[This is a response to Tony’s Protestant view of orthopathy.]
A friend recently told me a story about a Protestant man visiting an Orthodox Church. During his conversation with the priest he was suddenly, but graciously, interrupted by the priest. The priest told him he needed to take a break from their conversation because it was time for him to pray and he invited the visitor to join him. The Protestant man stood amazed as the priest poured out his heart in earnest prayer before the icon of Christ. What may have previously been assumed as rote ritualism now holds tangible purpose in the mind and heart of the visitor as he wrestled with his own lack of intense personal prayer.
While many acts of piety including the disciplines of the faith are often foreign to Protestants, there is no shortage of examples in scripture that continue throughout the early Church. Life is a struggle and the Orthodox Church continues this emphasis on disciplines like prayer and repentance as we strive against the passions. Orthodox Christians follow a Church calendar that grounds us in the events of Jesus’ and the saints’ lives with regular periods of fasting and intentional liturgies and prayers for help and strength. Daily we must take up our cross to follow Christ and deny ourselves as we seek to develop orthopathy.
What is orthopathy?
The term orthopathy comes from the Greek words ορθώς (right, correct, upright) + πάθος (passions, affections) and includes sexual desire, anger, fear, love, hunger, & a host of others.
Due to the fall the likeness of God is marred and we are polluted by sin resulting in an inclination toward self-love. St. Augustine comments on this tendency when he uses the term “incurvatus in se” (the turning inward on oneself), highlighting our propensity toward ego-centrism rather than love of God and others.
Many of the passions we experience feel pleasurable and natural, but they must be kept in check since they are capable of causing spiritual suffering resulting in deleterious effects on our relationship with God and others. Gluttony, pride, lust, anger, avarice, and host of others pull us away from God.
There is nothing wrong with our desire for food or sex, but they must remain within a divinely ordained context as defined by scripture and Church tradition. The struggle with our passions are difficult and real! There are no simple answers to the complexity of the human condition and the passions that entangle our lives. Many struggle with the same passions their entire lives while asking God to remove their desire for those sins. What we learn through this process is to rely on God who gives us the strength to endure.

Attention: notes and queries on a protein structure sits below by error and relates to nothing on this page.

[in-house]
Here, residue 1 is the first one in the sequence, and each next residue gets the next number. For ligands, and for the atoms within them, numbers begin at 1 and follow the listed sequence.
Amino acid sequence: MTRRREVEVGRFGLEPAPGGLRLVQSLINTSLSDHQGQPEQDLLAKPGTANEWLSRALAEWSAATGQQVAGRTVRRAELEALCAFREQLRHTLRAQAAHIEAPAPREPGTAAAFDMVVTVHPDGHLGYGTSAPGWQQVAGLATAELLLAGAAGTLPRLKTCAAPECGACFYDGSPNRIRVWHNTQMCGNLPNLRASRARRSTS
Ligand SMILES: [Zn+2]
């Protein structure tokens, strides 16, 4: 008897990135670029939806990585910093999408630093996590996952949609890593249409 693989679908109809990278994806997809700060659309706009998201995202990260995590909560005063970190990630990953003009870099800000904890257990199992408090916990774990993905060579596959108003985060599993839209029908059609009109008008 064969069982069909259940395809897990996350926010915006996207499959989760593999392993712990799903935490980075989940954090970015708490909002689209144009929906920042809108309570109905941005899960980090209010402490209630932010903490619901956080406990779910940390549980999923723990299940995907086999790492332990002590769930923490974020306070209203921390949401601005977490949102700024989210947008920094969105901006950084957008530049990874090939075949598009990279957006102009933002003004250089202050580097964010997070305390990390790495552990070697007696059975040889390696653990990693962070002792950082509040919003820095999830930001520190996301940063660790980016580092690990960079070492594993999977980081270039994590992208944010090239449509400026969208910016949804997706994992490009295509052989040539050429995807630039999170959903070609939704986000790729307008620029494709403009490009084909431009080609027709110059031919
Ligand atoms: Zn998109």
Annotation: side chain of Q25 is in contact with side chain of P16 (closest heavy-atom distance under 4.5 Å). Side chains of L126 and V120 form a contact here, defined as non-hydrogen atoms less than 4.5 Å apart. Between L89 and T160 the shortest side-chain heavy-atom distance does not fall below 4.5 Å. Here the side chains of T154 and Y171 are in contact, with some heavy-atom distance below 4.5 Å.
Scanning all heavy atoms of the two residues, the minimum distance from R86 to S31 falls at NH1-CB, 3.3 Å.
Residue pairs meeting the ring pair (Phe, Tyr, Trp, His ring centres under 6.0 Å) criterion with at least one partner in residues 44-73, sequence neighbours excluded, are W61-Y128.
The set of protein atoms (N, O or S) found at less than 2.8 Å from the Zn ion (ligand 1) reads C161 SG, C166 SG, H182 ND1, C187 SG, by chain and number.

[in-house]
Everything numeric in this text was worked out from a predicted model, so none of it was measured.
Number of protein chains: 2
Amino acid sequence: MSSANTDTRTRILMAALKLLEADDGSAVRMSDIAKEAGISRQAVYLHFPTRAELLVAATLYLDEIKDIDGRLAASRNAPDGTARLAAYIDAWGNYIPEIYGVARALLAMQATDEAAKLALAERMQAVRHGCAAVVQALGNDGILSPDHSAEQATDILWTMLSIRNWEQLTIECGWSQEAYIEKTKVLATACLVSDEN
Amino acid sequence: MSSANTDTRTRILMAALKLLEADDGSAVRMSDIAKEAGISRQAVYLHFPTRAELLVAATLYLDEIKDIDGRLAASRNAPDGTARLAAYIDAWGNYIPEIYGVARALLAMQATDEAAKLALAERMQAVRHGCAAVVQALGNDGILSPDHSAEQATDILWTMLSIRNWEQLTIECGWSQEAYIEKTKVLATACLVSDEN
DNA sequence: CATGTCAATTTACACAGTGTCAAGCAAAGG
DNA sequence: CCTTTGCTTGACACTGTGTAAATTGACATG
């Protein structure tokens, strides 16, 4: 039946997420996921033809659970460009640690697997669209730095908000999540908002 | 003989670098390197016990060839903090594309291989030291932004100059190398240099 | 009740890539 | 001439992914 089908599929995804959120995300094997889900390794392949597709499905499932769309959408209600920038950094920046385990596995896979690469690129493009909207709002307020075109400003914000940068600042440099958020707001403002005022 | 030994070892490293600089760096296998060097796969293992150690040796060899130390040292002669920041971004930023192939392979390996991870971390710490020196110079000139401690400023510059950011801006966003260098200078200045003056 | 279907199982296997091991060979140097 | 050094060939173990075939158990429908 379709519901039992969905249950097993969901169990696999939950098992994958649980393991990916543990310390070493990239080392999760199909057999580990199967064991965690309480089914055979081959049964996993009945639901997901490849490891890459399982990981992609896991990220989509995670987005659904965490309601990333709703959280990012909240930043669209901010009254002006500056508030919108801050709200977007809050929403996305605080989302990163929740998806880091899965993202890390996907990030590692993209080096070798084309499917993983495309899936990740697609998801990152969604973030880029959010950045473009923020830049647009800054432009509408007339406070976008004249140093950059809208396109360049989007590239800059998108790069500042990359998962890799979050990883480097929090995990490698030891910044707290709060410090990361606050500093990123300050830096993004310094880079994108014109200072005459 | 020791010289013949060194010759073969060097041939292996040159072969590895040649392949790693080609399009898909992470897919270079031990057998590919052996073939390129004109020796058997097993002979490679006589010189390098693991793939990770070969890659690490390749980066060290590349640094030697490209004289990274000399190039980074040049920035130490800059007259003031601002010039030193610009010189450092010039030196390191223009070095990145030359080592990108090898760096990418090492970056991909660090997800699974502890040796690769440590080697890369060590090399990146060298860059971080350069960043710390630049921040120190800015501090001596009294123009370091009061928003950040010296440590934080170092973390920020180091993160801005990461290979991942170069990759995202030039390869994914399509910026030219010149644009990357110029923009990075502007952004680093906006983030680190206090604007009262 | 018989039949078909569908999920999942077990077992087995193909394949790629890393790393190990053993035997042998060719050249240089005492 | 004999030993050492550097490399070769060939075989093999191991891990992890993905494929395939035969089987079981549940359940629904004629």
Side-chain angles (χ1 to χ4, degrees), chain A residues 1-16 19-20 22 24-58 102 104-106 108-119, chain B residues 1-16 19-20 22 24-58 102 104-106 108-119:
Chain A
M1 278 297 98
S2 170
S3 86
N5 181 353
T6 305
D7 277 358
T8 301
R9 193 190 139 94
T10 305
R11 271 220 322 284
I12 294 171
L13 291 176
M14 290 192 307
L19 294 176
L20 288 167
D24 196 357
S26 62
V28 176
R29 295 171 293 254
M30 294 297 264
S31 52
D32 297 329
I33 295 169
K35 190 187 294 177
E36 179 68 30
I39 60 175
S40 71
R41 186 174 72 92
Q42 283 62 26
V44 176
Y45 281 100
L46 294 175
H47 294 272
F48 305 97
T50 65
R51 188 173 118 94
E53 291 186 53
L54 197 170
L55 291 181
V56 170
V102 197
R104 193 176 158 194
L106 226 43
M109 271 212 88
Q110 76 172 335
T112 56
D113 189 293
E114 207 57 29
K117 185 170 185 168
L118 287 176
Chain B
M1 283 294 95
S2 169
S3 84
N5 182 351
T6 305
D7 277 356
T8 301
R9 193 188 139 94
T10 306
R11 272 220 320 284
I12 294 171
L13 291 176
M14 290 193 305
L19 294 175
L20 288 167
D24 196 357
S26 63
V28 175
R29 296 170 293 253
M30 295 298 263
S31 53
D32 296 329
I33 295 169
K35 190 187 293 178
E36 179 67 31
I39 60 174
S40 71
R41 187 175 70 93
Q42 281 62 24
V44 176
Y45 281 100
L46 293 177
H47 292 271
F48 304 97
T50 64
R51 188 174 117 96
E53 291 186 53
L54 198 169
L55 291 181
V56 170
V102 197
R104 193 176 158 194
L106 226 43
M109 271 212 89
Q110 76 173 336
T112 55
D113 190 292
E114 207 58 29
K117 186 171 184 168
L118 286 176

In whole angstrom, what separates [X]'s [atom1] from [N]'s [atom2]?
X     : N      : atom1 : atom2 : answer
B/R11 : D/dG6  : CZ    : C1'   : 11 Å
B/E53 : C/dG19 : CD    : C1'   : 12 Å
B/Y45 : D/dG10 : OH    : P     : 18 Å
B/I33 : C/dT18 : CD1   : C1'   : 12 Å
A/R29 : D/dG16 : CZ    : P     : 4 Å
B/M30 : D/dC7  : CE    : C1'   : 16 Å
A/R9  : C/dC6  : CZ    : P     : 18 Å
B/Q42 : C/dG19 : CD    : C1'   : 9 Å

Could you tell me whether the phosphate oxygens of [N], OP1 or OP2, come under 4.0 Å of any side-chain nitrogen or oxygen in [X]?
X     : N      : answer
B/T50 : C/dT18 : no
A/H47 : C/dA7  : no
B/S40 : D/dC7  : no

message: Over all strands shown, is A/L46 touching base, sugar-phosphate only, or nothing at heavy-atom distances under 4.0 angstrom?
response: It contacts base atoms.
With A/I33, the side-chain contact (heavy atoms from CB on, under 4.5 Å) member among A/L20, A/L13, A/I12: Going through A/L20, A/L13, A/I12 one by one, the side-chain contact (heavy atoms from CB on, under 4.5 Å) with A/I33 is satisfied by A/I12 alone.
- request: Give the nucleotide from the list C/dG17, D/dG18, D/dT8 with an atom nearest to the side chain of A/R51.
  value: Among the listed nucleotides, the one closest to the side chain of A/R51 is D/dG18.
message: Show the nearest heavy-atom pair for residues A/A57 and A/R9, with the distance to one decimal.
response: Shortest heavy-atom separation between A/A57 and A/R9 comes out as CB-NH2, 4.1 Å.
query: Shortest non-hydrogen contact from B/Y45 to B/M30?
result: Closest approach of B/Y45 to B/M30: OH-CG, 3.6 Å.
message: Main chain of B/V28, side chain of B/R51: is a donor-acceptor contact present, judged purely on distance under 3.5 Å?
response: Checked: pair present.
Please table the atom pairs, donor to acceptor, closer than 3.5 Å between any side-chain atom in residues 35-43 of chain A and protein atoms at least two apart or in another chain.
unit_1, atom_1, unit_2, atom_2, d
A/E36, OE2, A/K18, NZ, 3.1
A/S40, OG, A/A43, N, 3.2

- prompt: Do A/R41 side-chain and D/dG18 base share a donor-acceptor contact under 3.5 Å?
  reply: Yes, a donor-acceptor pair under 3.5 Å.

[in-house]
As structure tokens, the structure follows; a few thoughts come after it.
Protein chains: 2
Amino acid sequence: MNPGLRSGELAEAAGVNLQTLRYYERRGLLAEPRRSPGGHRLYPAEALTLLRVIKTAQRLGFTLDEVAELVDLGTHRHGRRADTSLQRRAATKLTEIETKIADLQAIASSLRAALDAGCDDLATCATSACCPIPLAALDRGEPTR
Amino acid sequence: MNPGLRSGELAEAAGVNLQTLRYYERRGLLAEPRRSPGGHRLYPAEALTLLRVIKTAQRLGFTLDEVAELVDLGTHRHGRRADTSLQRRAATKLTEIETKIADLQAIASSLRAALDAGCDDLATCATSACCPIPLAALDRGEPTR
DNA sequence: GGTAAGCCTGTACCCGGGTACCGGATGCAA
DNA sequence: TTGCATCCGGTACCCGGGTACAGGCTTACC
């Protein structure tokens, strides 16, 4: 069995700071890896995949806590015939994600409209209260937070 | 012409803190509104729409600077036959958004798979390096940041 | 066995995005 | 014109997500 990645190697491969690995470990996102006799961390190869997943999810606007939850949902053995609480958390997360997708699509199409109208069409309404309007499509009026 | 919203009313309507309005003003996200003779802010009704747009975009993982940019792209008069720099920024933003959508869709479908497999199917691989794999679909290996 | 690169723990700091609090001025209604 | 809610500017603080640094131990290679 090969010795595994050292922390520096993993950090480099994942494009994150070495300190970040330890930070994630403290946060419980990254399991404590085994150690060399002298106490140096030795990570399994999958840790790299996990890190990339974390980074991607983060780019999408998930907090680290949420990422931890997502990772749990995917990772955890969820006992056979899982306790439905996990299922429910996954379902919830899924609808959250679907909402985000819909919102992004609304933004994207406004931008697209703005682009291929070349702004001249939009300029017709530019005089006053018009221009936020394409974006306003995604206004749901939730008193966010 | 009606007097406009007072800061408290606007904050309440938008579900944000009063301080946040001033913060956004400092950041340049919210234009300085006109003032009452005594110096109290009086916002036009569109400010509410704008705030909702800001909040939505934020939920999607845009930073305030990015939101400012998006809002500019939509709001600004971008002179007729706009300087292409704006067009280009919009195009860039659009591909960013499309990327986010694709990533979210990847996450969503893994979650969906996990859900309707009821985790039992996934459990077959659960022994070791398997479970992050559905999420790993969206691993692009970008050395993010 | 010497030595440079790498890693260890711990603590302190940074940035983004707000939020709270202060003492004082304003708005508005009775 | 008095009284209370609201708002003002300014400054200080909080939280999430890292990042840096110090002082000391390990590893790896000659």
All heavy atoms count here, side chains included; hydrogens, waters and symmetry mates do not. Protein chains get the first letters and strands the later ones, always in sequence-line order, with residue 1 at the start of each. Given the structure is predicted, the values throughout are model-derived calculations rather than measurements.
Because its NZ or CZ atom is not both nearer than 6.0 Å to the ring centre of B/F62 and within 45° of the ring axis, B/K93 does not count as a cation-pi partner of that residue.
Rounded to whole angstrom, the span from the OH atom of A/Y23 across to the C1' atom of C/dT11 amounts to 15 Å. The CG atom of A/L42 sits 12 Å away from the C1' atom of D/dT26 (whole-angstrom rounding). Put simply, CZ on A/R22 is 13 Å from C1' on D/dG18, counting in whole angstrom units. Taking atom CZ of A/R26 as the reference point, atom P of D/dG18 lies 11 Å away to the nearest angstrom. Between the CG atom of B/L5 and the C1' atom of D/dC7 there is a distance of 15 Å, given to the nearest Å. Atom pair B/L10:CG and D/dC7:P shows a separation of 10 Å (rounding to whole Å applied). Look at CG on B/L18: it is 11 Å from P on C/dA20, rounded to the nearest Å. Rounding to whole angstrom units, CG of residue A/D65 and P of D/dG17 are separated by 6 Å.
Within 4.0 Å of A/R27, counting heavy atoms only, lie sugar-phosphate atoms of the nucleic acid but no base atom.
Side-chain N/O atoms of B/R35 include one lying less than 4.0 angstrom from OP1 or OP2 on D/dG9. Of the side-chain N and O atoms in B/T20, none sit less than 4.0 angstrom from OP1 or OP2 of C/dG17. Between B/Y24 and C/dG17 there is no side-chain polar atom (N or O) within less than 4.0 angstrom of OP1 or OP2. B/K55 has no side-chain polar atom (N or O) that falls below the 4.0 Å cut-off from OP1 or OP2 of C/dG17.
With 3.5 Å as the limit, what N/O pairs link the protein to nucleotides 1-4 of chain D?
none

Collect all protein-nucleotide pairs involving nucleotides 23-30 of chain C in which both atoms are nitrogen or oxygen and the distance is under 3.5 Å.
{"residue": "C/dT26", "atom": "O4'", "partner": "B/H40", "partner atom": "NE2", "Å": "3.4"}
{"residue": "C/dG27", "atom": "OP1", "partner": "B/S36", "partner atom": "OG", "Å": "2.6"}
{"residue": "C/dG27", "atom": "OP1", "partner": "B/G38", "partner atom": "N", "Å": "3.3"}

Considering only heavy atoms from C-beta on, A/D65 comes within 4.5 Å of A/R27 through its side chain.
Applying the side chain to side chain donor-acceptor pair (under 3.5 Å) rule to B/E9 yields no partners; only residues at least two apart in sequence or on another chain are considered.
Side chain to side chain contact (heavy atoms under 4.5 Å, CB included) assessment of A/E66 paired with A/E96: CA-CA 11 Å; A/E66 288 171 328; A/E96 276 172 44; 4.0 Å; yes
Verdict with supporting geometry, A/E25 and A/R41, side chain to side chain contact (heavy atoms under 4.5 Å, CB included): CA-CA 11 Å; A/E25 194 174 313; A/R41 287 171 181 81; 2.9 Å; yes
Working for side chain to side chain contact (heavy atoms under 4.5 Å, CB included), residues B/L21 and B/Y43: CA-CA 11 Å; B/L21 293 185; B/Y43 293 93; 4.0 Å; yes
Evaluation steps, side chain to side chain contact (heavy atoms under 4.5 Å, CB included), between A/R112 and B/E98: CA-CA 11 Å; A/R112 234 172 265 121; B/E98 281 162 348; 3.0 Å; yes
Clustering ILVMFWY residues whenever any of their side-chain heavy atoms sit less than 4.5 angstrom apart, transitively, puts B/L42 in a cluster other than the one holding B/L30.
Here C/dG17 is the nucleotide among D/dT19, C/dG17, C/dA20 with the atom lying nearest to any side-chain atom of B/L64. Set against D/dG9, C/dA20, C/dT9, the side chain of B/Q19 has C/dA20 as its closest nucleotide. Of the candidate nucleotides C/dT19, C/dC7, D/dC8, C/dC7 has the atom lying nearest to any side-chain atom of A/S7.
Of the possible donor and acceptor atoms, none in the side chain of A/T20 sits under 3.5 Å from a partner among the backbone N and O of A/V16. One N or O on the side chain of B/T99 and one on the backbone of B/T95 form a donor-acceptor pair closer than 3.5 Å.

I agree with my friend Tony’s point that we need a “reorientation of emotion [and] this requires an understanding that emotions are an intrinsic component of the Christian life.” The word ’emotion’ is often viewed in narrow terms and should be broadened to include passions or affections.
I want to advance the discussion by pointing out that we cannot have right passions until we adhere to right belief and right practice. Orthodox Christianity emphasizes three interconnected and necessary areas of the Christian life: orthodoxy, orthopraxy, & orthopathy. All three are instrumental components in directing a person according to God’s desired end- union with God. As St. Peter says, that we may become ‘partakers of the divine’ (2 Peter 1:4).
Right belief/worship (orthodoxy) propels us toward right practice (orthopraxy), which reins in and transforms our passions and affections (orthopathy) for His glory! So often we are unbalanced or negligent in fully incorporating all three aspects.
Saint Anthony tells us that life is a struggle with the passions in our pursuit of honoring God. He says, “it’s not a sin to eat, so that the body will be properly maintained in life without any evil thought, but it is to eat without gratitude and improperly and without restraint; neither is it a sin to look with chastity, but it is a sin to look with envy, pride and desire; it is not a sin to listen quietly, but it is with anger. It’s not a sin to let the tongue be unrestrained in thanksgiving and prayer, but it is to speak evil; to not let your hands do acts of mercy, but to commit murder and theft. So each of our members sins if it does evil instead of good, doing things its own way and not according to the will of God.”
May God help us in our struggle!
As Christians we are called to fight our passions but sin has made the struggle difficult. Humanity is sick and we were never created to live in this state. Unlike many in the West (Catholics refute this teaching so I am referring primarily to Protestant denominations) that adhere to a teaching of total depravity and the use of legal terminology like penal substitution, the Eastern Orthodox Church teaches that humanity is ill and a natural result of this sickness is sin and our struggle with passions. Our true nature is to be healed by God.